A New Report by the International Forum for Democratic Studies
Published October 2015
Egypt [PDF] by Sherif Mansour
Russia [PDF] by Maria Snegovaya
Vietnam [PDF] by Zachary Abuza
Civil society and independent media play crucial roles in effective public policy-making and for improving public discourse. But in authoritarian regimes such as Egypt, Russia, and Vietnam—countries aspiring to modernization through rapidly growing Internet access—repression of civil society and the media is not just severe, but getting worse.
These regimes’ political priorities compel them to systematically crack down on the very institutions that are essential for meaningful reform and economic progress.
In a new report by the International Forum for Democratic Studies, three experts assess the shape and trajectory of civil society and the media, the restrictions that are placed on them, and how these constraints are holding each country back.
The environment for media and civil society is undeniably grim in all three of the cases examined in this report, due to official policies that limit the potential of the public sphere. But each of the analysts suggests the existence of a powerful latent desire for better information and more responsive governance.”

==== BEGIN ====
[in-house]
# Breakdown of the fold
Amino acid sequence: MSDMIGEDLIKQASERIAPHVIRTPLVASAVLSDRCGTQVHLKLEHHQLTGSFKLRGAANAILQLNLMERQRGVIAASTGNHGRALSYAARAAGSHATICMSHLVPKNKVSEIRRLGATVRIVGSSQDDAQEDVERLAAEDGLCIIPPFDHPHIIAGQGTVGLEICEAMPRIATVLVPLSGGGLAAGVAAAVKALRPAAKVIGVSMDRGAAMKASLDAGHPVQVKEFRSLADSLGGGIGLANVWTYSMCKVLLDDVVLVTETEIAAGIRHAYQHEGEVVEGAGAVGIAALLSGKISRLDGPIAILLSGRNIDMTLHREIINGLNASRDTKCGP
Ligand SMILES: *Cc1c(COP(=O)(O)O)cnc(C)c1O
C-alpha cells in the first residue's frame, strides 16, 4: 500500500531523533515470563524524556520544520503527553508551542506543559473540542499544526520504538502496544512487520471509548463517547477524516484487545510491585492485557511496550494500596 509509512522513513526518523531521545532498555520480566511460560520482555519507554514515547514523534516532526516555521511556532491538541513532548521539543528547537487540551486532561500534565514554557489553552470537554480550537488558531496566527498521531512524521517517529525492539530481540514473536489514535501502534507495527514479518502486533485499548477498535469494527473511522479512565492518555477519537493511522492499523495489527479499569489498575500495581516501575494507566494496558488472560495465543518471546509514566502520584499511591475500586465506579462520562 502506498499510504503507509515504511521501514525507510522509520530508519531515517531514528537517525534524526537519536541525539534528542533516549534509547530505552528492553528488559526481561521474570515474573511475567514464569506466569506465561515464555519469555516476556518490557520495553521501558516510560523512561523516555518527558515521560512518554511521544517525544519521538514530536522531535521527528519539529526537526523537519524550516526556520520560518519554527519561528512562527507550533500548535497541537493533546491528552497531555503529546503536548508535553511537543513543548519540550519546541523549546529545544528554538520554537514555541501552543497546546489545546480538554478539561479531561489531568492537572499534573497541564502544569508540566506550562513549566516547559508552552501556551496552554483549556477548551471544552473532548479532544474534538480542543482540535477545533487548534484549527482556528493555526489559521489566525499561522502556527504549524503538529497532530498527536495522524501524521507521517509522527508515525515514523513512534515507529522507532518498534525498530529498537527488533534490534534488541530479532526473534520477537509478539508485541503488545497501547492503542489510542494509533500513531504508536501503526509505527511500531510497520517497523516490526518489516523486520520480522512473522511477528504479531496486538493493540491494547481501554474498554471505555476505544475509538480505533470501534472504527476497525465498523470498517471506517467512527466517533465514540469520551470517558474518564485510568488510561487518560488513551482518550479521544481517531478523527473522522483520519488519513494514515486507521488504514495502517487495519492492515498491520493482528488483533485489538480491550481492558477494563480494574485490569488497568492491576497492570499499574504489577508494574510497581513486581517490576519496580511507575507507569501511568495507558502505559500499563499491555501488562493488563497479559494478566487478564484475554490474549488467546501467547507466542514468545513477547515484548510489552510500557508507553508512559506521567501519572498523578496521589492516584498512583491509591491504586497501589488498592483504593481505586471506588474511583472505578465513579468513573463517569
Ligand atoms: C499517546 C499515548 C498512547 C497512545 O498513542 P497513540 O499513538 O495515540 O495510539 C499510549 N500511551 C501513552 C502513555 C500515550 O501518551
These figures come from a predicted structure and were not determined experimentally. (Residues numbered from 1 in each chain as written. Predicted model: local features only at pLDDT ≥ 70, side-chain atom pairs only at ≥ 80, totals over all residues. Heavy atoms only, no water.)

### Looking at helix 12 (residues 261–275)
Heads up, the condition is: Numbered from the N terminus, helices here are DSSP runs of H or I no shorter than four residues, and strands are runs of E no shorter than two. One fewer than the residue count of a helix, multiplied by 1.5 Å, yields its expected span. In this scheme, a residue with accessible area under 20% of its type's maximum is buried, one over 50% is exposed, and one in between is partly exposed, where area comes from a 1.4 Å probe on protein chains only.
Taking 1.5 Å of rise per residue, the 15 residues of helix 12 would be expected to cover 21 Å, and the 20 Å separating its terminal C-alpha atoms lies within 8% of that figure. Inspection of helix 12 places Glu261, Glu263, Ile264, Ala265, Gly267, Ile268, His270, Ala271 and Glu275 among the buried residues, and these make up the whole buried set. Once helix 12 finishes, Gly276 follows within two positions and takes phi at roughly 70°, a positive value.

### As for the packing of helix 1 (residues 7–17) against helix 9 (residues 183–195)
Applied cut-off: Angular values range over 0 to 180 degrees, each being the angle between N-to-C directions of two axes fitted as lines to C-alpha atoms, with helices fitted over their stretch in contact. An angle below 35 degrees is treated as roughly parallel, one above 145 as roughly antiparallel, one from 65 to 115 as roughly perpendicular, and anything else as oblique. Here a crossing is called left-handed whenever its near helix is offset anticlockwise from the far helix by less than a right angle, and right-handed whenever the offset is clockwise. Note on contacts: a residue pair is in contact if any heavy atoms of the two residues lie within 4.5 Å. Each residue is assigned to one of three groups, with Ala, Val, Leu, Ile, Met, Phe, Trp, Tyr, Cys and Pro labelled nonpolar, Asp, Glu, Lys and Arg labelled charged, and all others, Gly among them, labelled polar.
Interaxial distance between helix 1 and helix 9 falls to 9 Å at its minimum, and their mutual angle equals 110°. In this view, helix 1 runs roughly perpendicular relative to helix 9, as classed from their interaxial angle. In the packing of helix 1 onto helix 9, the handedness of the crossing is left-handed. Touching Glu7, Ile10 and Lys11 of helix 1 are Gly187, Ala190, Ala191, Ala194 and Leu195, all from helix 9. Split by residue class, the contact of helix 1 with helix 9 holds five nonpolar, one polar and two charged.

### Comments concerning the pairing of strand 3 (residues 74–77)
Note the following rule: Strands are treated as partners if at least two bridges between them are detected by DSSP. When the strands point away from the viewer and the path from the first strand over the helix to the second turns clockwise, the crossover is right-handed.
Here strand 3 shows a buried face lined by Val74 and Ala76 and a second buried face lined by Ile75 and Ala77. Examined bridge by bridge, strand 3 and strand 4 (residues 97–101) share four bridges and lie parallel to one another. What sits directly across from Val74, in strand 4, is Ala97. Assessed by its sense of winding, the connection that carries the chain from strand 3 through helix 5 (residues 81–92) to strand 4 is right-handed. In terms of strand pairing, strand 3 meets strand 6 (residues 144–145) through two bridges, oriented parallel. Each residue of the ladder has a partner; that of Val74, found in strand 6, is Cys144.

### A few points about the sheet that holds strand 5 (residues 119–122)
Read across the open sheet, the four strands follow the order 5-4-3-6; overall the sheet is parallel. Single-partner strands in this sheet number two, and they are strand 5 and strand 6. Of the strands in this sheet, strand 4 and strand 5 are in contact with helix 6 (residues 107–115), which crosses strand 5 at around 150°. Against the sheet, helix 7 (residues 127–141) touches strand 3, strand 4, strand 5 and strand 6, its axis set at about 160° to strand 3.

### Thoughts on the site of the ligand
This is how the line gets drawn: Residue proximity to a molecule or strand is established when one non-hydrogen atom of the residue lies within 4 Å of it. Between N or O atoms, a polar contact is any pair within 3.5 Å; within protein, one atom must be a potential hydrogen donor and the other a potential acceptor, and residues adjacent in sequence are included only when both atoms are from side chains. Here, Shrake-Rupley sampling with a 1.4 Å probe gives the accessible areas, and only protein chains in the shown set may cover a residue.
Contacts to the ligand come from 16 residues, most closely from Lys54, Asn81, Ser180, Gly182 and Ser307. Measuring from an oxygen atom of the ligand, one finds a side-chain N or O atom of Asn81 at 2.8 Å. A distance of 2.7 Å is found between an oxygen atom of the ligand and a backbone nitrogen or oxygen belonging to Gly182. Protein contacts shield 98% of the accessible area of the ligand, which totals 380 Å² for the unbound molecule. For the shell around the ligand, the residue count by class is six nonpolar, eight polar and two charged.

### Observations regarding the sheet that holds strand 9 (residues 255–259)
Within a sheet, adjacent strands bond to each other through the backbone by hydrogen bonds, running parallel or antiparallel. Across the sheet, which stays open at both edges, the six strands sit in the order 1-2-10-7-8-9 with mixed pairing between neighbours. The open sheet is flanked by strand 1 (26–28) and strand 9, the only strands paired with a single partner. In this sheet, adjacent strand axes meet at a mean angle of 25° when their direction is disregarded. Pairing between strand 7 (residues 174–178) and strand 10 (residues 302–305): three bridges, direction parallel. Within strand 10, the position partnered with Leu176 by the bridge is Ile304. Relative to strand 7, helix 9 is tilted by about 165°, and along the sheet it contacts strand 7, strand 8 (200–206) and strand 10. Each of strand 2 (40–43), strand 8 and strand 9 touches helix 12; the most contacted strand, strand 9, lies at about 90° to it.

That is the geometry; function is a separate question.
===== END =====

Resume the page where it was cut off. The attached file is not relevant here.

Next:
— Christopher Walker, Introduction
Few issues show the discrepancy between the promise of the 2011 revolution and the reality of repression more clearly than media independence and freedom of speech. Repression against journalists and autonomous outlets helped return Egypt to a system of authoritarian stagnation.”
—Sherif Mansour, Egypt
The smothering of media and civil society further weakens the Russian system’s ability to tackle the country’s already-rampant corruption and will shrink incentives to reform the economy. That, in turn, is likely to create even more favorable ground for lawlessness and provide more impunity for corrupt officials.”
— Maria Snegovaya, Russia
The proliferation of technology and the Internet [in Vietnam] may have changed the game and given the private media the potential for rapid expansion, but until the state decides that such outlets are not a threat, they will be systematically targeted.”
— Zachary Abuza, Vietnam